The new Egyptian constitution will no longer receive help from its’ churches: News Roundup

In the news this week, Egyptian churches give up on helping create new constitution, Oklahoma teen Tyler Alred sentenced to go to church after manslaughter conviction, Sikh religion joining California universities' curriculum, and other stories.

In another blow to Egypt’s democratic transition, representatives of the Muslim nation's three main Christian bodies jointly decided to end their participation in writing a new constitution.

“The constitution … in its current form does not meet the desired national consensus and does not reflect the pluralistic identity of Egypt,”said Bishop Pachomious, acting patriarch for the Coptic Orthodox Church. The announcement was made one day before Pope Tawadros II assumed the papal throne of St. Mark, the gospel writer.

A primary complaint is over the role of shari'ah. Article Two of Egypt's 1971 constitution, as well as the current draft of the new constitution, enshrines the "principles" of shari'ah to be the primary source of legislation. Pope Tawadros does not dispute the article as currently defined—including its designation of Islam as the religion of the state. But all churches reject its expansion. Christianity Today

An Oklahoma teen convicted of manslaughter has sentenced to 10 years of probation, with requirements that include regularly attending church. Tyler Alred, now 17, had been drinking when he crashed a pickup truck at around 4 a.m. on Dec. 3, 2011, Tulsa World reports. The accident killed Alred's friend, 16-year-old John Luke Dum, who was a passenger in the vehicle.

Instead of sentencing the teen to prison time, Judge Mike Norman gave him a 10-year deferred sentence. In order to stay out of prison, Alred must graduate from high school; graduate from welding school; take drug, alcohol and nicotine tests for a year; wear a drug and alcohol bracelet, take part in victim's impact panels, and attend church for the next 10 years. The Huffington Post

Mistaken for Muslims — and targeted — after 9/11, members of the faith have sought to educate Americans about the religion. UC Santa Cruz is the latest to offer a course.

The first slide professor Nirvikar Singh flashed on his PowerPoint showed the faces of six Sikh worshipers gunned down the previous month in Oak Creek, Wis., by a man with white supremacist ties. As after other attacks since 9/11, the UC Santa Cruz professor explained to students in this fall introductory course, the Wisconsin shooting revealed an abiding ignorance over who Sikhs are — and aren't.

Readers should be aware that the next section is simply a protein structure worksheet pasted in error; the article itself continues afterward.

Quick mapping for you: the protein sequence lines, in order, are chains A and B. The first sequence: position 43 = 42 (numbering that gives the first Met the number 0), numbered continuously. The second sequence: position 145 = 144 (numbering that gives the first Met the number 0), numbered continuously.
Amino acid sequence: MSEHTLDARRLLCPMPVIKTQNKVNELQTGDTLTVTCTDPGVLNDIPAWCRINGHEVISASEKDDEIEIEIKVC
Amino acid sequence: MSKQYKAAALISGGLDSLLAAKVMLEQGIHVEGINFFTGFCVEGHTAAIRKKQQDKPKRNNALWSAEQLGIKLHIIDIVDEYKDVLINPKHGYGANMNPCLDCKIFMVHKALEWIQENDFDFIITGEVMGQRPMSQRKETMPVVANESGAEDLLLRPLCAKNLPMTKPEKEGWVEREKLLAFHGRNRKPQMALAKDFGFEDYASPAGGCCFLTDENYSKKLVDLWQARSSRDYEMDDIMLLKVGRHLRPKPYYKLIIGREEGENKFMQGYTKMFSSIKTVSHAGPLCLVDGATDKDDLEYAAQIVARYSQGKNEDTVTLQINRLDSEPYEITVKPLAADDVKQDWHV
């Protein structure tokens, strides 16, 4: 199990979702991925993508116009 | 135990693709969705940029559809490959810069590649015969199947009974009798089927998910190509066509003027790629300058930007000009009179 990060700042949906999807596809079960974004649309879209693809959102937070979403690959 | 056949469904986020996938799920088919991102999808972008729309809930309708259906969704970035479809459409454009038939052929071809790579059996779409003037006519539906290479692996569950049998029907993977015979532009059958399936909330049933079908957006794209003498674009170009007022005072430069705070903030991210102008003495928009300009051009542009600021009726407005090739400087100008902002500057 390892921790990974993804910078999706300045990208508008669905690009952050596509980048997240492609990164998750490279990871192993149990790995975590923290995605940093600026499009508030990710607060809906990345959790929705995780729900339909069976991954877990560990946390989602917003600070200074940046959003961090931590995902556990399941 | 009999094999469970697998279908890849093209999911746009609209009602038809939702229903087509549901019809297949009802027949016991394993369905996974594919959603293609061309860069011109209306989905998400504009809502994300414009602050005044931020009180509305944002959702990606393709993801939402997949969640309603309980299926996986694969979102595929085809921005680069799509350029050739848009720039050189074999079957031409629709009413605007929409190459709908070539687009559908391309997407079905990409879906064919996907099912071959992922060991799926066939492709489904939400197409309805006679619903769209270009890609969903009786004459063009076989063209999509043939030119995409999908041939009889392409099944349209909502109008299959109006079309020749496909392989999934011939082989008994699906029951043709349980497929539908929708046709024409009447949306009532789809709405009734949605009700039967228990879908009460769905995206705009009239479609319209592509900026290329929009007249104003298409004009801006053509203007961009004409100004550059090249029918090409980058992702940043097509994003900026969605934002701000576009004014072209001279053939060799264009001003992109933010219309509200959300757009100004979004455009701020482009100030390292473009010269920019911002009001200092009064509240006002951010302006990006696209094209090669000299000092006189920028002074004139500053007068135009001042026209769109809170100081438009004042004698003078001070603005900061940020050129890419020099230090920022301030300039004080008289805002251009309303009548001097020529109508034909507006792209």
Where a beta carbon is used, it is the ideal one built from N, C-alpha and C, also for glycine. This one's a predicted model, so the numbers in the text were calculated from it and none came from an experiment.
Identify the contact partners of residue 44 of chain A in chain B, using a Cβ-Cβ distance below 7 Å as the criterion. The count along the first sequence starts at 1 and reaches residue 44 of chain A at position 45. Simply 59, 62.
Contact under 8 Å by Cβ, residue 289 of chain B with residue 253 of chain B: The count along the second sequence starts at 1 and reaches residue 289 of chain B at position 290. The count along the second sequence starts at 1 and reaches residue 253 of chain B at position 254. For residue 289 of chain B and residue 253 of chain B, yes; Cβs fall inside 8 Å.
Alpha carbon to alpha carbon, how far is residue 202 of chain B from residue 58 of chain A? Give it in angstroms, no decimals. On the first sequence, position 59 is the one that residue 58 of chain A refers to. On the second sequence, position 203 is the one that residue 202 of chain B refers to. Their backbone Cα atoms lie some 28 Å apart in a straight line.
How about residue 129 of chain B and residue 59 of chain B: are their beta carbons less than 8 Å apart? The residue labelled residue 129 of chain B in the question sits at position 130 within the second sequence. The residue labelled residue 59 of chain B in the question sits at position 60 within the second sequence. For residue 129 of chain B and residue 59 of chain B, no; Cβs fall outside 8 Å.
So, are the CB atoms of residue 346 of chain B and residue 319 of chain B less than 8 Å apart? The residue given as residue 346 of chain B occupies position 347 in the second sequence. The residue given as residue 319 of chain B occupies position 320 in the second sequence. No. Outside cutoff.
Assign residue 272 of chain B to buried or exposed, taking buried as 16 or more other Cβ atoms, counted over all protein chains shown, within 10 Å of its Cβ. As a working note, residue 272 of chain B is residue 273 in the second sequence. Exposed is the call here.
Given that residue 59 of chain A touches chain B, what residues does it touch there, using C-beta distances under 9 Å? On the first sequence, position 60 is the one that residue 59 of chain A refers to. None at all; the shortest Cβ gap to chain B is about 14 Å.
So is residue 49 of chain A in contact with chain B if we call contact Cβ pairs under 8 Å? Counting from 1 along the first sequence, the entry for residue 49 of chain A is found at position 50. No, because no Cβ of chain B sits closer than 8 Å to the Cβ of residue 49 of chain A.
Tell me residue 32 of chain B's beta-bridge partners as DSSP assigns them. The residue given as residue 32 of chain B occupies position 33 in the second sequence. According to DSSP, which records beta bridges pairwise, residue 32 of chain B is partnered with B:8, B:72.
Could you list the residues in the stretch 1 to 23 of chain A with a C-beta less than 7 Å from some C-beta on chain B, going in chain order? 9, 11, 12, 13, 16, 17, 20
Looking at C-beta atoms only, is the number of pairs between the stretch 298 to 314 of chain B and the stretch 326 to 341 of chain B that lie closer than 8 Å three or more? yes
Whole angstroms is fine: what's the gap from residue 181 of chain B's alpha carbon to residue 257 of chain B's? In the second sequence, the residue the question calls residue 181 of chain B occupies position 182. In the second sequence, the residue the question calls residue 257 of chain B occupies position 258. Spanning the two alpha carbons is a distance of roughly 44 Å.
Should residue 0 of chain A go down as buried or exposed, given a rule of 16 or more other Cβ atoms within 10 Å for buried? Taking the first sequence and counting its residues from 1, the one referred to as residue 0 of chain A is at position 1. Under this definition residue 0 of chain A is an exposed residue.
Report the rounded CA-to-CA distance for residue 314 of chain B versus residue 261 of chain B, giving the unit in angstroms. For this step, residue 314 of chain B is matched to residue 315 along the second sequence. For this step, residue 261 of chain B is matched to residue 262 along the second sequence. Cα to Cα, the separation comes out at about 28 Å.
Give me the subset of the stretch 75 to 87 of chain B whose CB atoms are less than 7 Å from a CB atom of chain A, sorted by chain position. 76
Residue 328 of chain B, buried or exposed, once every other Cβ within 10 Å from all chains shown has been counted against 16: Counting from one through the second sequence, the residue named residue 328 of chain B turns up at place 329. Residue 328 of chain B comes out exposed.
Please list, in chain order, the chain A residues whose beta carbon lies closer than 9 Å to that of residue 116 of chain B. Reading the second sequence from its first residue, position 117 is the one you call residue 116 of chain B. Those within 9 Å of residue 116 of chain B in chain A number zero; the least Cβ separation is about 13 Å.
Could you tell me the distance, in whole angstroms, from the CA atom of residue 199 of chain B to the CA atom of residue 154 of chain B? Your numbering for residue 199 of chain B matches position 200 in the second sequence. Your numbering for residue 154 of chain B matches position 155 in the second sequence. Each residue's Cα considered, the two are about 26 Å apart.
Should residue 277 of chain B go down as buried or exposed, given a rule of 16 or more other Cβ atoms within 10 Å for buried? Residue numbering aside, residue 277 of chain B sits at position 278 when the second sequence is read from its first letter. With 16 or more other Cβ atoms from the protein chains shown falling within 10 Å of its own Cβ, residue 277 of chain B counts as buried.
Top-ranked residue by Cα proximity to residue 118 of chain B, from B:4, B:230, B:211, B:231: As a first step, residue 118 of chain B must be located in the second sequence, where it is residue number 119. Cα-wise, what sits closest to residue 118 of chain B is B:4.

"Despite being in this country for more than 100 years, I think Sikhs are not well understood," said Singh, a 58-year-old economist, dressed in jeans and a midnight blue turban. LA Times

A federal judge on Monday denied a legal challenge to President Barack Obama's signature health reforms, ruling that the owners of a $3 billion arts and crafts chain must provide emergency contraceptives in their group health care plan.

The owners of Hobby Lobby asked to be exempted from providing the "morning after" and "week after" pills on religious grounds, arguing this would violate their Christian belief that abortion is wrong. Judge Joe Heaton of the U.S. District for the Western District of Oklahoma denied the request for a preliminary injunction. Chicago Tribune

A Protestant man overlooked for a top job with Norther Ireland Water because of his religion has been awarded £150,000 (€116,600) in compensation.

Alan Lennon said the substantial sum reflected the seriousness of the discrimination he endured. "I am pleased that this case has finally been resolved," Dr Lennon said. "I took the case primarily to challenge what I believe to be serious flaws in the public appointments system and the level of compensation agreed marks the seriousness of what occurred." Irish Independent

On Monday, President Obama will become the first U.S. President to visit the long-isolated nation of Burma (Myanmar)—home to some of the world's longest-running persecuted Christians.

In response, leaders from the American Baptist Church, The U.S. Commission on International Religious Freedom (USCIRF), and Christian Solidarity Worldwide (CSW) urged the President to advocate for religious freedom in the Buddhist nation. Christianity Today